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How did God come into existence?

I am a hardcore Christian, and since I don’t believe in the universe being created by the big bang, I believe it was created by God.
But, if it says in the bible that God has no beginning and no end, but He would HAVE to be either ‘created’ or come into existence SOMEHOW. How can you best explain this?
Also, if He created the universe and all that came with it, would that mean He would have created time itself? Well, if THAT’S true, then what came before time? Pure nothingness? But then how would God have MADE time if there WAS no time in the first place? No time means no movement or creation, right?
And if all of the aforementioned is true/somewhat true, how was God himself created if he created time, even though he had no beginning or no end? I mean, He had to have been brought into existence SOMEHOW, as everything must, otherwise it simply… Doesn’t exist.

Asked by John

I hope you can understand all of that, I ask this question because it’s just too much for my brain to comprehend.


How does a helium balloon’s flight compare to a plane’s?

If you were travelling in an aeroplane at say 500mph at 25,000 feet, and next to you was a small floating balloon of helium which was in mid air and not touching anything (and assuming nothing interfered with the balloon) would the balloon remain next to you throughout the journey or would it end up hitting the back of the plane?


Do all known planets rotate anticlockwise?

The earth rotates anticlockwise. Do all known planets (and suns?) rotate anticlockwise?

Derek Gouldsworthy


Are photons visible or do they have a ‘random’ trajectory?

Say if you have one atom which is made to emit a photon which could be detected somehow.

1) Is the photon the atom produces ‘visible’ from every perspective of the atom at the same time?

2) or does it have a specific ‘random’ trajectory?




Why can’t we see galaxies moving away from us?

How are galaxies speeding away from earth at 1 million meters per second? Why dont they look like they are moving that fast?

Asked by: Tiana



I have been running an experiment during the burning of private sensitive paperwork, The paper is screwed up into twists and stacked vertically in a cast steel container. The container is about 300mm wide and 450mm deep, which was surplus from a solid fuel to gas AGA conversion. A grate has been fitted to the bottom. When full, the top of the fill is lighted by means of a blowtorch, for convenience. The fire gradually burns down and after about 1 minute, the whole top area is a flame which resembles a low pressure Bunsen flame. This flame is sustained by the gasses produced by the carbonisation of the contents. Virtually no smoke escapes as the whole of it is burned. During the carbonisation phase I have put various substances into the container to see what happens. Anything and everything capable of producing gas when heated contributes to the flame. This seems to indicate that most landfill waste could be transformed into a useful gas product. The process is an analogy of a continuous retort. If material is fed in during the carbonisation phase there is no limit to the length of the process. Left to its own devices the burn has three distinct phases:-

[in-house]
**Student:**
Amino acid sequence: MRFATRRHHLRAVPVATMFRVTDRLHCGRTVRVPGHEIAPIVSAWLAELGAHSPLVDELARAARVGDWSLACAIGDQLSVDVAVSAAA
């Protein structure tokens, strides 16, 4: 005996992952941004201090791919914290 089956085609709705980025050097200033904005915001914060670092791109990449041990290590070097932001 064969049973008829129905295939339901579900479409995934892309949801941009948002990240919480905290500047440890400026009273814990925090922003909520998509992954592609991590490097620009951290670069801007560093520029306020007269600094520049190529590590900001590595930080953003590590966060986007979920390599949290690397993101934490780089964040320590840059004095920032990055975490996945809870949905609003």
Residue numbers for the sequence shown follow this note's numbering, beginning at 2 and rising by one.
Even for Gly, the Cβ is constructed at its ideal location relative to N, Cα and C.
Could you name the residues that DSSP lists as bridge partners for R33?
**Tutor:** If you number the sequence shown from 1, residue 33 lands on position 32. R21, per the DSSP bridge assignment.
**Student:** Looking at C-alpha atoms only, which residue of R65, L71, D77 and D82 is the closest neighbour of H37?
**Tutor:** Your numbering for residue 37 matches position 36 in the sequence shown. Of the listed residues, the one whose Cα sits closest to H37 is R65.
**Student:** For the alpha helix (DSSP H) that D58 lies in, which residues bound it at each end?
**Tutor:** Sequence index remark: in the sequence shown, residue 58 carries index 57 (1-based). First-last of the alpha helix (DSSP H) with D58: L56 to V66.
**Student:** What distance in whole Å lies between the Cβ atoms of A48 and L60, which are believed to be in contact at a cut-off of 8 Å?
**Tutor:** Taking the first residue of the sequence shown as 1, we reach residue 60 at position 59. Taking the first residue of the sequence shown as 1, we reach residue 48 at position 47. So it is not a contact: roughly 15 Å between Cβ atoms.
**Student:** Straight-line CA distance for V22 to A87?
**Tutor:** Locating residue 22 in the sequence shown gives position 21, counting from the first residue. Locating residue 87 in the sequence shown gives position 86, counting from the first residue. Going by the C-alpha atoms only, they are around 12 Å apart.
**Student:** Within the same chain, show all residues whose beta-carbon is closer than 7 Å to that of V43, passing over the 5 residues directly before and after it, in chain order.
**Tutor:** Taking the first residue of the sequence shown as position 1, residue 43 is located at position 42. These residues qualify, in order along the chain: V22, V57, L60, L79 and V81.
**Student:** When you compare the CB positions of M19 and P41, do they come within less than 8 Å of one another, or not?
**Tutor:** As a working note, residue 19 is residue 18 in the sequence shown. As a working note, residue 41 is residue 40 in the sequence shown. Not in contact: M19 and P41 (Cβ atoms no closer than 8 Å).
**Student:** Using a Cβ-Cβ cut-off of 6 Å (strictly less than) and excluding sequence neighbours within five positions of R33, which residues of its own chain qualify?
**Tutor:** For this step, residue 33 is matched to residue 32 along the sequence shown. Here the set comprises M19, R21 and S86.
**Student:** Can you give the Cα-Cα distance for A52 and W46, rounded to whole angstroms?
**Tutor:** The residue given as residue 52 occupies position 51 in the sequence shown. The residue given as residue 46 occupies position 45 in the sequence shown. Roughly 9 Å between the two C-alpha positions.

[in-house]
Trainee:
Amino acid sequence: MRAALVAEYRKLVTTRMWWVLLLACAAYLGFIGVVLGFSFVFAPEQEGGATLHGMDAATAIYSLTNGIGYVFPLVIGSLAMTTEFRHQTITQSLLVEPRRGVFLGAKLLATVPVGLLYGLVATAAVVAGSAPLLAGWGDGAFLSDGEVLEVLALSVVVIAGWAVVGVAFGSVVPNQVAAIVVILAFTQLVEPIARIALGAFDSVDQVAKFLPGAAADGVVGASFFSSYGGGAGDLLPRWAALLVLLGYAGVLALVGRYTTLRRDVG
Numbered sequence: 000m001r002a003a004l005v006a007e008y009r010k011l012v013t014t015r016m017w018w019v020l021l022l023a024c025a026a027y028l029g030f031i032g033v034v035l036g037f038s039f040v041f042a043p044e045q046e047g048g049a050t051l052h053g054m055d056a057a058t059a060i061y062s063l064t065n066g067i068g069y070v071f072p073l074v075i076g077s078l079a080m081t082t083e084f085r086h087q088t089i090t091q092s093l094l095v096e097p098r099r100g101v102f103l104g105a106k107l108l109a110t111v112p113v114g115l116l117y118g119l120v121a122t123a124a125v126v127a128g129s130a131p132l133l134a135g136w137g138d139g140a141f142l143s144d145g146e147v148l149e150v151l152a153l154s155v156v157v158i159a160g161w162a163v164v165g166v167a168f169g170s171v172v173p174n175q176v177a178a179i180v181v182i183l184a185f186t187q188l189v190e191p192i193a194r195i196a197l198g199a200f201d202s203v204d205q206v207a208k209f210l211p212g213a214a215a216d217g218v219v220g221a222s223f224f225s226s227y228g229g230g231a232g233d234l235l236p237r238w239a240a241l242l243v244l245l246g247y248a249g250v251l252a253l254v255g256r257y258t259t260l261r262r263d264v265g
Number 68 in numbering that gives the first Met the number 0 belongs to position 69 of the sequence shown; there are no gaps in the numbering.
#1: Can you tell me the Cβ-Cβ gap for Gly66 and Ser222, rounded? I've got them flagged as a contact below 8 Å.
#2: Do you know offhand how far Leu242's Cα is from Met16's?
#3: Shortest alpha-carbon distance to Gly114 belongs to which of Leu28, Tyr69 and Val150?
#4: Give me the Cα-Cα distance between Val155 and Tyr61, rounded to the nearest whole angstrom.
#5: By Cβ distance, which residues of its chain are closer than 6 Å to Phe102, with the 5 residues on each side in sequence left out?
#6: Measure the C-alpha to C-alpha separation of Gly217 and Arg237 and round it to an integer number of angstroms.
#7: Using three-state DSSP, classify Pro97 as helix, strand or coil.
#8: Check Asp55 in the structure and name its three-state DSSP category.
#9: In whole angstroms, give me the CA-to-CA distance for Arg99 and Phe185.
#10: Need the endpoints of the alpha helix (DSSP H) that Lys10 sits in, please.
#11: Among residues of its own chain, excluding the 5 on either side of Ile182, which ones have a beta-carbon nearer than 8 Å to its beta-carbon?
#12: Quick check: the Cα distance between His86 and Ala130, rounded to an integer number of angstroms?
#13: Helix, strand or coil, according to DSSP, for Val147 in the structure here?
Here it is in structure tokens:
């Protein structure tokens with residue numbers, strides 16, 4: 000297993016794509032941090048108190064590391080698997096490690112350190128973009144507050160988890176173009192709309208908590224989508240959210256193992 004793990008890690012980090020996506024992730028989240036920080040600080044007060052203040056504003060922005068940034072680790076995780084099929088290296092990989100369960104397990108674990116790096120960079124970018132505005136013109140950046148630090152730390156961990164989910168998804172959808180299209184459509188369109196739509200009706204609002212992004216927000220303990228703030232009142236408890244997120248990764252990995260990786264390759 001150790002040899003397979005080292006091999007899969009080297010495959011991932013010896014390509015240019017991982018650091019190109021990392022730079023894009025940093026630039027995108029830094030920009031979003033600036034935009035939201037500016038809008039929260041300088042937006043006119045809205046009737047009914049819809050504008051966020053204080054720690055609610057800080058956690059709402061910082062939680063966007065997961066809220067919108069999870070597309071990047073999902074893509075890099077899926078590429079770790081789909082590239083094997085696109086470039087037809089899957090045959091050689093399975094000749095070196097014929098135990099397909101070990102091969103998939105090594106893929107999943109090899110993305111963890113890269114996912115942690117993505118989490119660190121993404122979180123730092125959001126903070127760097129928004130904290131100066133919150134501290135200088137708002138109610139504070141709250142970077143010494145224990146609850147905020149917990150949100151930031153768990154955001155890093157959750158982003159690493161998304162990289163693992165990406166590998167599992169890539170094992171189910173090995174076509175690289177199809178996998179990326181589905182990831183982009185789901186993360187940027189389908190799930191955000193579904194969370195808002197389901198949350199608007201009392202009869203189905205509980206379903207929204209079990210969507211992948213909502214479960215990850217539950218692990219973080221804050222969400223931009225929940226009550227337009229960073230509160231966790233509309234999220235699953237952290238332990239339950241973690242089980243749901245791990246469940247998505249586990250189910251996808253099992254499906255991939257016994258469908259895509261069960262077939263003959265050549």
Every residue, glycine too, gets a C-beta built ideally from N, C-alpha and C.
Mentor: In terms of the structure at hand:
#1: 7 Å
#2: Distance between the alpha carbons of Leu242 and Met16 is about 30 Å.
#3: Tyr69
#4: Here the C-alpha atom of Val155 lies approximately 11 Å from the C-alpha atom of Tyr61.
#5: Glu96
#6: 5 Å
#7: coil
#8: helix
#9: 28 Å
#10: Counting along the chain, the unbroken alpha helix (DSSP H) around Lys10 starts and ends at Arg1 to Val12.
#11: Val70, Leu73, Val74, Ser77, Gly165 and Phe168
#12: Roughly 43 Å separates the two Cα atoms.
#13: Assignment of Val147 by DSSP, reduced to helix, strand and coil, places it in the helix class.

1. Establishment of the fire during which a developing flame spreads broad and deep.
2. Carbonisation during which the flame is constant until the fuel has been almost used. About 70% of the time.
3. Residual small fire with extensive very hot ash. Then cooling.

With suitable design the gasses could be produced from a continuous retort which is fed with waste under pressure by means of a feed screw, the gasses could be refined for use as fuel gas or the chemicals extracted from the gas as a raw material. This process is, after all, only a similar one which was used to produce ’’Town Gas’’ from coal before natural gas arrived. Anyone ever heard of a GASWORKS????? The solid product would be mostly carbon, which would be easily separated from the metals etc and could then be stored away down worked out mines thus fulfilling the need to remove carbon from the environment.
All waste could be retorted and the useful things such as glass and metals recovered from the retort product thus removing the need for multifarious schemes requiring householders to be an unpaid sorter. Only one bin per household and no jobsworth nitpicking rules about what goes into what bin would go a long way to improve the attitude of the general public. Of course it might also help to relieve the landfill problem.
I find it hard to believe that this has not already been thought of. I wonder if an oil company has bought the rights of the process and is sitting on them.

Brian Churchyard.

Is it possible that all present time is almost instantlly converted into light energy which is what we label as the past?

After pondering about time travel, I concluded that maybe we are not aware of anyone from the future actually traveling to the age we live in because of what the past is actually converted into. Is it possible that all present time is almost instantlly converted into light energy which is what we label as the past? If so, and if we can actually travel in time, how could we interact with light energy that isn’t really tangible?